STRAWBERRY FIELDS

Marina Lewycka

 On a sunny hillside in Kent, in the Garden of England, a group of nine migrant workers from various parts of the world are picking strawberries for Mr. Leapish, the farmer. Housed in two trailers, and fed a daily diet of bread, margarine, jam, and sausages, life isn’t easy for them. But the friendships they forge, and their dreams of love and hopes for a new life in the West, carry them along.

Nineteen-year-old Irina has arrived from Kiev, Ukraine buoyed up by enthusiasm for the Orange Revolution, and full of dreams of a romantic and refined life in the West.

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 On a sunny hillside in Kent, in the Garden of England, a group of nine migrant workers from various parts of the world are picking strawberries for Mr. Leapish, the farmer. Housed in two trailers, and fed a daily diet of bread, margarine, jam, and sausages, life isn’t easy for them. But the friendships they forge, and their dreams of love and hopes for a new life in the West, carry them along.

Nineteen-year-old Irina has arrived from Kiev, Ukraine buoyed up by enthusiasm for the Orange Revolution, and full of dreams of a romantic and refined life in the West. Andriy, from Donetsk in Eastern Ukraine, has fled a harsher life—and maybe death—in one of its failing coal mines. Yola, the sharp-tongued but warm-hearted supervisor, has come from Poland with her gentle niece, Marta, to earn money to support her disabled son. Tomasz, also from Poland, is a latter-day aging hippie and Bob Dylan fan following his own dreams of freedom. With them are two Chinese girls and Emanuel, a devout young Catholic from Africa, seeking his sister, who is working somewhere in England as a nurse. The mysterious Vitaly, of unknown Eastern European origins, and a runaway dog round out the bunch.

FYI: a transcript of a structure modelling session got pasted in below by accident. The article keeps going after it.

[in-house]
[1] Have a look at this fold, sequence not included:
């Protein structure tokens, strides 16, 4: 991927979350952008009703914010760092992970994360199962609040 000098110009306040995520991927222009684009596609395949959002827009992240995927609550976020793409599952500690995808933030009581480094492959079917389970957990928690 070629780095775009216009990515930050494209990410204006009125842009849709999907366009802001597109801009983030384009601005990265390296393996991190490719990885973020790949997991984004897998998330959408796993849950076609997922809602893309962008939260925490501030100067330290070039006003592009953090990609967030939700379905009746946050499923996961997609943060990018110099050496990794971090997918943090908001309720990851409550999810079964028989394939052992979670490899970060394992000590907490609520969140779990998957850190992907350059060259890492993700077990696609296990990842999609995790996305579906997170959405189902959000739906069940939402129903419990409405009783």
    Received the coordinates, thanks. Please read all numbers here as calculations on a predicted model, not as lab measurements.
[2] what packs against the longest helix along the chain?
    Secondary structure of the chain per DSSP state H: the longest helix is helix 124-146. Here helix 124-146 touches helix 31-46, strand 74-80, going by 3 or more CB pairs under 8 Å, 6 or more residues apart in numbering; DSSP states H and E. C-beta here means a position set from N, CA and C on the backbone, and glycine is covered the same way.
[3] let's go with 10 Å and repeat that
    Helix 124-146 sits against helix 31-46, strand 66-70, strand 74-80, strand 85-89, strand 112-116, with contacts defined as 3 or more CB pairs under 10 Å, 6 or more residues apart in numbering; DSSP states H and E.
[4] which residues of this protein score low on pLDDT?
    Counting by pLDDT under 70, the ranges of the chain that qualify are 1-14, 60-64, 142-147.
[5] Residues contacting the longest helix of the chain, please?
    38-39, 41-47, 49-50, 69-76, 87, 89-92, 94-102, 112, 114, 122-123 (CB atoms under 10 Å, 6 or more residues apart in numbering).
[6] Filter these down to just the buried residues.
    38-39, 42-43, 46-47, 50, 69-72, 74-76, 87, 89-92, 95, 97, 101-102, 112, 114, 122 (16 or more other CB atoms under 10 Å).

Although the tone is often humorous, and the action moves fast, there is an underlying seriousness in this modern tale of globalization, where people are expendable, and the worst exploiters are often other immigrants, traffickers in cheap labor and worse, who prey on the vulnerable new arrivals.

Author Marina Lewycka creates comedy from the language and cultural differences of this ragtag group, while never flinching from describing the horrors they encounter when they are forced to leave their idyllic strawberry field and embark on an adventure which takes them through an England that turns out to be very different from the country of their dreams.